Here’s what to know: Despite failure to win the bid, ConstitutionDAO has clearly provided an on-ramp for swaths of people to understand the impact of a DAO. About 13% of contributors to ConstitutionDAO used ETH for the first time and 44% of people who have contributed had less than 40 transactions to their name.
Community is going to be a thing in 2022, isn’t it:
And the startup of the week is…
Image Credits: MirageC (opens in a new window) / Getty Images
Sudowrite! And heck, Haje’s story may even win lede of the year too. As a writer, I always have a bias toward tools and startups that want to bring tech to my artsy profession (for better and, often, for worse). With Sudowrite, though, I enjoyed the feel of a different mission. The tool isn’t meant to replace writers or offer clean sales copy, but instead it’s meant to summarize, expand or “spark the creative juices that are sometimes lacking in the writing process.”
Here’s what to know, per founder and CEO Amit Gupta:
We wanted to give you someone who’s almost as good as a human reading partner to bounce ideas off of. Beyond that, I think as we talked to users, especially people in the entertainment industry such as screenwriters, we discovered there was a specific need. They have a lot of rote tasks that they don’t like doing: they might have a screenplay they’ve written and they might need to generate a one-page treatment, a three-page treatment, etc. It’s all very specific industry stuff, but it’s pretty easy for an AI to do. It’s not very creative work, and a tool like Sudowrite saves them hours and hours of the worst kind of work that they have to do. I think there’s a lot of opportunities like that, but the core product is really about inspiration, provocation, helping you stay in flow.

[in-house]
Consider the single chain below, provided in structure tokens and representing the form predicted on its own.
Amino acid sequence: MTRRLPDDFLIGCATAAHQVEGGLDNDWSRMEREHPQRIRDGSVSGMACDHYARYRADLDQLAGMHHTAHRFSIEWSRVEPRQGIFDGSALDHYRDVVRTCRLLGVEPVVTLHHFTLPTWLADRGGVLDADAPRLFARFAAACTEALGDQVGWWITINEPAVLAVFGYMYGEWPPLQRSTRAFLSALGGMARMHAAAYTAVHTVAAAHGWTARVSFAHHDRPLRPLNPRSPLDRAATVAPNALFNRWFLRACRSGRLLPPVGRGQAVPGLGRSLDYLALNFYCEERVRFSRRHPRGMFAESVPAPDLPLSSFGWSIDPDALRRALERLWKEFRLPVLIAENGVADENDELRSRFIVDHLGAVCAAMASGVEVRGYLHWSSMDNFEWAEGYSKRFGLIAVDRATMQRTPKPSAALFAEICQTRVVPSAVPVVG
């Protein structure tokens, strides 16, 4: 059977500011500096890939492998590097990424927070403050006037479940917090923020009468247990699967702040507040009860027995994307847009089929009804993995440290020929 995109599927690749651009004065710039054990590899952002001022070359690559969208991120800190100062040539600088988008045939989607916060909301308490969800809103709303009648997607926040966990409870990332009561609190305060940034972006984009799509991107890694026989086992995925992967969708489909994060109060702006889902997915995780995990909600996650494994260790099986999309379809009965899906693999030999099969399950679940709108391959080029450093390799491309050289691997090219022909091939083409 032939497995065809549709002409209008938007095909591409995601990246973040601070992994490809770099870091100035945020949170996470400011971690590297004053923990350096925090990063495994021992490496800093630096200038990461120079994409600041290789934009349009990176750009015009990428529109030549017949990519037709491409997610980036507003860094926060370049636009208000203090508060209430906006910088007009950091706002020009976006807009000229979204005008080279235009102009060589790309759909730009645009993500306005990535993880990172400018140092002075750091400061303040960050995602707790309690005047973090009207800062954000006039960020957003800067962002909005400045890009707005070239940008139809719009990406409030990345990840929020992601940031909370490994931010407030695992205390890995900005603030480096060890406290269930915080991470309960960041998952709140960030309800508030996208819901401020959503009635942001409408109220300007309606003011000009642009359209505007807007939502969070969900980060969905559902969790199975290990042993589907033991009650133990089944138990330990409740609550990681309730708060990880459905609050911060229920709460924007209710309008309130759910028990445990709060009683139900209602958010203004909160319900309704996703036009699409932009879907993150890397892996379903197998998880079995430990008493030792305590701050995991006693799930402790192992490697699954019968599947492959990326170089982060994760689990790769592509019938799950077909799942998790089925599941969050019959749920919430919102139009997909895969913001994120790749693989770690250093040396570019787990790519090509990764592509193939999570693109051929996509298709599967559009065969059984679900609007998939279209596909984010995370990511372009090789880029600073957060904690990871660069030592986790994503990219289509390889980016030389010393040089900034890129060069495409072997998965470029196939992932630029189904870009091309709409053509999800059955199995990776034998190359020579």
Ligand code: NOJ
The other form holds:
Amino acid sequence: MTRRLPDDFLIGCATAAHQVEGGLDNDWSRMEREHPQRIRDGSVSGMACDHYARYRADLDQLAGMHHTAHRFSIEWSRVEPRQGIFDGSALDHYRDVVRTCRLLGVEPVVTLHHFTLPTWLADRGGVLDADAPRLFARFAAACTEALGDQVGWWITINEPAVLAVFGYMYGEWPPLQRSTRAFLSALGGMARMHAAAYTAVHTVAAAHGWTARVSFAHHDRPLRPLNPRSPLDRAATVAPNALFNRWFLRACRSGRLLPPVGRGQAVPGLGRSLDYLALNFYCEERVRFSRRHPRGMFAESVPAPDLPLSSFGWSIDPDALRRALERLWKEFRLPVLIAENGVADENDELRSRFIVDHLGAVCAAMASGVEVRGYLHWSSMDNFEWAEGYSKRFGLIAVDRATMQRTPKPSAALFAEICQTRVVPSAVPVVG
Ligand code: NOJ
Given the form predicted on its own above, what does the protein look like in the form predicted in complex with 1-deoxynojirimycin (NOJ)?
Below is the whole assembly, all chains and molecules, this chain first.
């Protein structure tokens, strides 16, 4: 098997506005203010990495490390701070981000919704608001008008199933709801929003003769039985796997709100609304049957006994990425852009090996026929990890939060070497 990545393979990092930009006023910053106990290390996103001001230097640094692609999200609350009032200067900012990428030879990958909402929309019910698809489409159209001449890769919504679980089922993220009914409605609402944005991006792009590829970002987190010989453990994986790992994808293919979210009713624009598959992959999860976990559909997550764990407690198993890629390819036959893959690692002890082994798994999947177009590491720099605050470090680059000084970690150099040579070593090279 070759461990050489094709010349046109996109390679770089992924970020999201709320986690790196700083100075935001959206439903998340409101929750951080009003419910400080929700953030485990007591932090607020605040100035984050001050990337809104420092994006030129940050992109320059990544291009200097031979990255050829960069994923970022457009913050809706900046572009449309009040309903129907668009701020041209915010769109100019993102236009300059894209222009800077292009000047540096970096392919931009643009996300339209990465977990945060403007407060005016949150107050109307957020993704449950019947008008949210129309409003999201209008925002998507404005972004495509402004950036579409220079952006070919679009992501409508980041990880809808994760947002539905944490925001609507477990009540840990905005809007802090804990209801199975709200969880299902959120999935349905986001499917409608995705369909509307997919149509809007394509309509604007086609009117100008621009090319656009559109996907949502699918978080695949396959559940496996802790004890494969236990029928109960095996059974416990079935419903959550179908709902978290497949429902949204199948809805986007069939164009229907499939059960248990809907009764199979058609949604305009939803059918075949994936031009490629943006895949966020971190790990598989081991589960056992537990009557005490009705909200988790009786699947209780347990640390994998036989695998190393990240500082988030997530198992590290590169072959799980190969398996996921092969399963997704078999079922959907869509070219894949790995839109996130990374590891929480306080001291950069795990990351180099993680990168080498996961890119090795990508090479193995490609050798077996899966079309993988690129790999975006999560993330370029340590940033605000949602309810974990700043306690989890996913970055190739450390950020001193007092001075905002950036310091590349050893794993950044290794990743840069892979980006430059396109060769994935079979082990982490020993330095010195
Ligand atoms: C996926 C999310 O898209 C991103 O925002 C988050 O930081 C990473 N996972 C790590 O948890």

Did Zillow get high on its own supply?
Image Credits: KentWeakley (opens in a new window) / Getty Images
On Equity this week, I joined Alex Wilhelm and Ryan Lawler to unpack Zillow’s exit from the iBuying market. I know that may not sound like the most thrilling news to chat about, but there’s a ton of drama to consider: housing pricing is hard, the accuracy of Zestimates and Opendoor’s fortuitously-timed earnings.
Here’s what to know: Having data is never enough of a moat to win in the housing world, especially considering how unpredictable and uncontrollable prices can be. Lawler argues that the iBuying market is still healthy. That said, the Zillow news is being watched by real estate and proptech startups more broadly, and unlike Casper’s news, could have a notable impact on the sector.
If you like the Equity podcast I’d love for you to go on Apple Podcasts and give it a rating and review. It’s free (!!!) and means a lot to our scrappy little team.
While you’re at it, here’s an on-theme suggestion: Give Found a listen. Co-hosted by Darrell Etherington and Jordan Crook, Found is about how founders do what they do — twists and turns preferred.
Across the week
Seen on TechCrunch
Seen on TechCrunch+
Have the happiest start to the holidays, and I’ll see you back here next week,
Editor's note: A previous version of this story included unclear sourcing. I spoke to Jennifer Fleiss about the relationships between co-founders, not about co-founder disputes.